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  19. Earp

    Earp Contributor Contributor

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    In Michigan, it depends on what kind of license you can get, just beer and wine, or everything. Licenses are limited in number by geographical area, so often a decision to open a new store is determined by license availability. It used to be that stores which sold gasoline could only sell beer and wine, no liquor, but I think that changed. The State handles all wholesale distribution of hard liquor from state-owned warehouses, and controls retail prices.

    Alcohol has prompted the goofiest laws everywhere it is sold. Until a few years ago, all alcohol sales in Michigan were suspended from 2 AM to 7 AM, and before noon on Sunday (can't booze it up, may as well go to church) and from 9 AM on Christmas Eve until 7 AM on the 26th. Those laws were changed a few years ago, but municipalities can stay with the old regulations if they choose.

    I think they also changed this, but it used to be that if a strip club sold alcohol, the girls could be topless, but not 'bottomless'. If they only sold soft drinks, total nudity was allowed. We had examples of both where I lived. Tough choice.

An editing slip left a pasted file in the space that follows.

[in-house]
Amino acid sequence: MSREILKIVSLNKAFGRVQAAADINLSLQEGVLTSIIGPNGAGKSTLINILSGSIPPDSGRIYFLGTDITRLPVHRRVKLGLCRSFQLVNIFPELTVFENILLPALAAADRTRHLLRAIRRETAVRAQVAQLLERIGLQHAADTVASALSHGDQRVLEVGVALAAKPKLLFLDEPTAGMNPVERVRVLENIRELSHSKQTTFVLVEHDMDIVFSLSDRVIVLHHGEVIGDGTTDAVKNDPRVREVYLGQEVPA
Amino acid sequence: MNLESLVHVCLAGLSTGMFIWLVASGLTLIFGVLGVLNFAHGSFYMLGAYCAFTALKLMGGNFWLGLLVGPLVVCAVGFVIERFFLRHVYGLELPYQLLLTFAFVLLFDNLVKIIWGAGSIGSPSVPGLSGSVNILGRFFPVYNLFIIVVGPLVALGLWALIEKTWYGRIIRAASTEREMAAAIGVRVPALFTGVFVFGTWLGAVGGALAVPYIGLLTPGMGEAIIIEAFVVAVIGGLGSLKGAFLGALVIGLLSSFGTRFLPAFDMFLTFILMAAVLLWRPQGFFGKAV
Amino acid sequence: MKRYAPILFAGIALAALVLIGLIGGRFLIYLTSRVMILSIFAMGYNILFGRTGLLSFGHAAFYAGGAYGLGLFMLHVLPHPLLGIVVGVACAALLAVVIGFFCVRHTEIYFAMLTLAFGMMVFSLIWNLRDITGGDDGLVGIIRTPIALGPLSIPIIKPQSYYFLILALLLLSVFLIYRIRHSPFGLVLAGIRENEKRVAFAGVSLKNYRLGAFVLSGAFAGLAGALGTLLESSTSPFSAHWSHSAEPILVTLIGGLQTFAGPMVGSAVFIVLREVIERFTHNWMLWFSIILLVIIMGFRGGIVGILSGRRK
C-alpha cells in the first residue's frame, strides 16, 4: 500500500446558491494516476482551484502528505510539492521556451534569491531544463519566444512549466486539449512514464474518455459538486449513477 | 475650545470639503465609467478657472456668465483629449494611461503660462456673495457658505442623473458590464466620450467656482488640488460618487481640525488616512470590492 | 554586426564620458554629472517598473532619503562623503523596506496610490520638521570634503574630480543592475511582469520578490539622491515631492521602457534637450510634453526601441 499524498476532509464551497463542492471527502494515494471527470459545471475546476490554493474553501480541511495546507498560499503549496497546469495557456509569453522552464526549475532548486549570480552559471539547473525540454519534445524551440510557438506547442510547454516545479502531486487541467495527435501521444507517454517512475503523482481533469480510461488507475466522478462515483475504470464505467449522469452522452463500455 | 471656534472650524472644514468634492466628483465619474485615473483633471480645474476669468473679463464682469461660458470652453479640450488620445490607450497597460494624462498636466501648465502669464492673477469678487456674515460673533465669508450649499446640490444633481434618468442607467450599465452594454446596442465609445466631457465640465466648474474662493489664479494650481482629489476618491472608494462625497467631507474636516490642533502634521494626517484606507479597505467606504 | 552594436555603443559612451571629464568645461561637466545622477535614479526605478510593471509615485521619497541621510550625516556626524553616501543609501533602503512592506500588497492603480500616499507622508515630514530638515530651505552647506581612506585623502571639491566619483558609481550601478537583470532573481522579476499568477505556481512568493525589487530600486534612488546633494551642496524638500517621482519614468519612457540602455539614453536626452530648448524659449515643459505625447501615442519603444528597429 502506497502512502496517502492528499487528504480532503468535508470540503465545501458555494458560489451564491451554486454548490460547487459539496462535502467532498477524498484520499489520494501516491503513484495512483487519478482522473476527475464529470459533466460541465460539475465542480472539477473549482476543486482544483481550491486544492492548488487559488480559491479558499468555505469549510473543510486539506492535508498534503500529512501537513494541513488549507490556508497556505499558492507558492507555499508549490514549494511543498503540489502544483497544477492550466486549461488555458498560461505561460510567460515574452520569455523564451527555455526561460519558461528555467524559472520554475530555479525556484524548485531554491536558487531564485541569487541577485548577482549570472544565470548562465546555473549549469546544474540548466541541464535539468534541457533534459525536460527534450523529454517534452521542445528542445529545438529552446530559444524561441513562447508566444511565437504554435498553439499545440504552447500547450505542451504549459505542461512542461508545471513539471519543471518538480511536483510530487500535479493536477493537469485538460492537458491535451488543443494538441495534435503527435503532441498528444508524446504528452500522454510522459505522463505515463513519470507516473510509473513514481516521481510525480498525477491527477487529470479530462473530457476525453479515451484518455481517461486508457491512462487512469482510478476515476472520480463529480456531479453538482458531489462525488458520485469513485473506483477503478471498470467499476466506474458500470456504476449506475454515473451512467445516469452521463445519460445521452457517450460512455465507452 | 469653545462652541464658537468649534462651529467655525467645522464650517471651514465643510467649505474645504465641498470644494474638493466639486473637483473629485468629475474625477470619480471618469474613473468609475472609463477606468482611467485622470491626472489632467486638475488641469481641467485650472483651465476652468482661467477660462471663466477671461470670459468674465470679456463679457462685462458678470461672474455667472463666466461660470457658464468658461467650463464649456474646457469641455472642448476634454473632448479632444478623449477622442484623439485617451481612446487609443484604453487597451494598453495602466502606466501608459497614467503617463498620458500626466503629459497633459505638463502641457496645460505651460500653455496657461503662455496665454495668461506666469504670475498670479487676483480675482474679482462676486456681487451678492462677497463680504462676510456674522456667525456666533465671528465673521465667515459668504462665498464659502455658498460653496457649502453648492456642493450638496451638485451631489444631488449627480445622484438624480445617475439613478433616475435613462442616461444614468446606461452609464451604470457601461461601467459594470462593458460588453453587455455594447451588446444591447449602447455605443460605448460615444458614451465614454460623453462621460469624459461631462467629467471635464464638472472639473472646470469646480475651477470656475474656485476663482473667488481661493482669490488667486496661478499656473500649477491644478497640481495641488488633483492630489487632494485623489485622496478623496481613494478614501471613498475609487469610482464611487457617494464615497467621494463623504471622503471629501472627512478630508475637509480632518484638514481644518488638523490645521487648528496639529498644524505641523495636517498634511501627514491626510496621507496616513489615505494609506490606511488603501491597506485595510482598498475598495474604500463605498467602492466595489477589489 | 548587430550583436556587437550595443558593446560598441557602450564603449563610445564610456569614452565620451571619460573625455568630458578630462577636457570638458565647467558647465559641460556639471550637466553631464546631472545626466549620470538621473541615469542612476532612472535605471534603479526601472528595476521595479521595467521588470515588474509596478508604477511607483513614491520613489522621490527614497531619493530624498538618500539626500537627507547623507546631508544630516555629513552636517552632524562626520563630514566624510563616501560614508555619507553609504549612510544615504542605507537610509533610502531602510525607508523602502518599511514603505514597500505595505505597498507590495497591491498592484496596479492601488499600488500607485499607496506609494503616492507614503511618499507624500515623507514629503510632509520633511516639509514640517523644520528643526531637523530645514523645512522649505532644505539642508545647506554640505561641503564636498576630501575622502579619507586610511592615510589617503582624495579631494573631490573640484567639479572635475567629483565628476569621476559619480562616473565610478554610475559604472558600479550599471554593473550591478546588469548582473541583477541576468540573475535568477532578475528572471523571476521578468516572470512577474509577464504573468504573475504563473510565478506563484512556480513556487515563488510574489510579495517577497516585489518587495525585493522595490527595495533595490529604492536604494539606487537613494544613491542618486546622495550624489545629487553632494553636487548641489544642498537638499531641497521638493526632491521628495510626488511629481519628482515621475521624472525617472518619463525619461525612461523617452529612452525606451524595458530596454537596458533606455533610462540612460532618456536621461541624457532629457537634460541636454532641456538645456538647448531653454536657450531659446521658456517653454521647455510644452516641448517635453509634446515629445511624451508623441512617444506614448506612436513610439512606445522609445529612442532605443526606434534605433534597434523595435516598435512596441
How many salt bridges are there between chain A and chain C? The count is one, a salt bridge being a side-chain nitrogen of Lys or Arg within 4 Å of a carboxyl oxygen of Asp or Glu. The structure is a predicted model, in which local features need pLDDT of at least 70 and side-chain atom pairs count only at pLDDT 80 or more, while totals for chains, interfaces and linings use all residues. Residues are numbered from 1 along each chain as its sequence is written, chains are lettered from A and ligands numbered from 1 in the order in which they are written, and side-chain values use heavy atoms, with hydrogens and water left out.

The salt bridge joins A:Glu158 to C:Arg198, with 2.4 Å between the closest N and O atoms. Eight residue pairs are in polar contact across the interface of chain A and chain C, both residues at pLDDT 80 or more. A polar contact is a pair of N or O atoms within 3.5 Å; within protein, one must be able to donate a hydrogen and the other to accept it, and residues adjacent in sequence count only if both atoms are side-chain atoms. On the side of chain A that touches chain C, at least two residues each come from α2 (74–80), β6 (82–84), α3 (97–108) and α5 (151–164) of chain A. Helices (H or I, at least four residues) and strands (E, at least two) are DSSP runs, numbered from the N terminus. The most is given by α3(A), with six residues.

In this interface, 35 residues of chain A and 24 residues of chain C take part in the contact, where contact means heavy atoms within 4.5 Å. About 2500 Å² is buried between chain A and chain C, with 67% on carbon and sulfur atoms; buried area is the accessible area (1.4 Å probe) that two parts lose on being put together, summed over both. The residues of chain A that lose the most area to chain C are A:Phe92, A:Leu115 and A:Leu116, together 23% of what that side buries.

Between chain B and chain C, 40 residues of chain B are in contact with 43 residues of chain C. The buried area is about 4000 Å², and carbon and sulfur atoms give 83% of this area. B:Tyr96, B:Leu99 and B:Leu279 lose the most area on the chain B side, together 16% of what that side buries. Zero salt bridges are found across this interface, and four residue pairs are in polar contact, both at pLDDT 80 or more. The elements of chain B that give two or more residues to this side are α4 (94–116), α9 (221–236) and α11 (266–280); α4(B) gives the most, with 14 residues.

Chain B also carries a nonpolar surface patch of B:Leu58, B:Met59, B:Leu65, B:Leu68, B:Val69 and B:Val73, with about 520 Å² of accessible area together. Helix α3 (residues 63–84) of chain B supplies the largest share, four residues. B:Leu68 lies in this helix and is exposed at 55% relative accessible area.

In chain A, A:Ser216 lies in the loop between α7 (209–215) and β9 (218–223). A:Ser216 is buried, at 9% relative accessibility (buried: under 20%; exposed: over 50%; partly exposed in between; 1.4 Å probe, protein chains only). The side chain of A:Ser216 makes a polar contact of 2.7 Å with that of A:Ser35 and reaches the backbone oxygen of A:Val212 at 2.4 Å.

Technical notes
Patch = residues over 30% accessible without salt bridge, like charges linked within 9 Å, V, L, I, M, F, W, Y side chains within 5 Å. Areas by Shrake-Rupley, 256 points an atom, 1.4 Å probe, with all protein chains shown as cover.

20. Iain Aschendale

    Iain Aschendale Benevolent Ochlocrat Staff Supporter Contributor

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    Illinois has tons of different regulations by county. DuPage had early closing hours (1 or 2 am), so everybody would bop over to Cook (which is the county Chicago proper is in) where some of the clubs could stay open until four, and there was one that I can't remember the name of that was open until seven am. Only did that once, and I was in my twenties and on midnight shift at the time.
     
  21. Earp

    Earp Contributor Contributor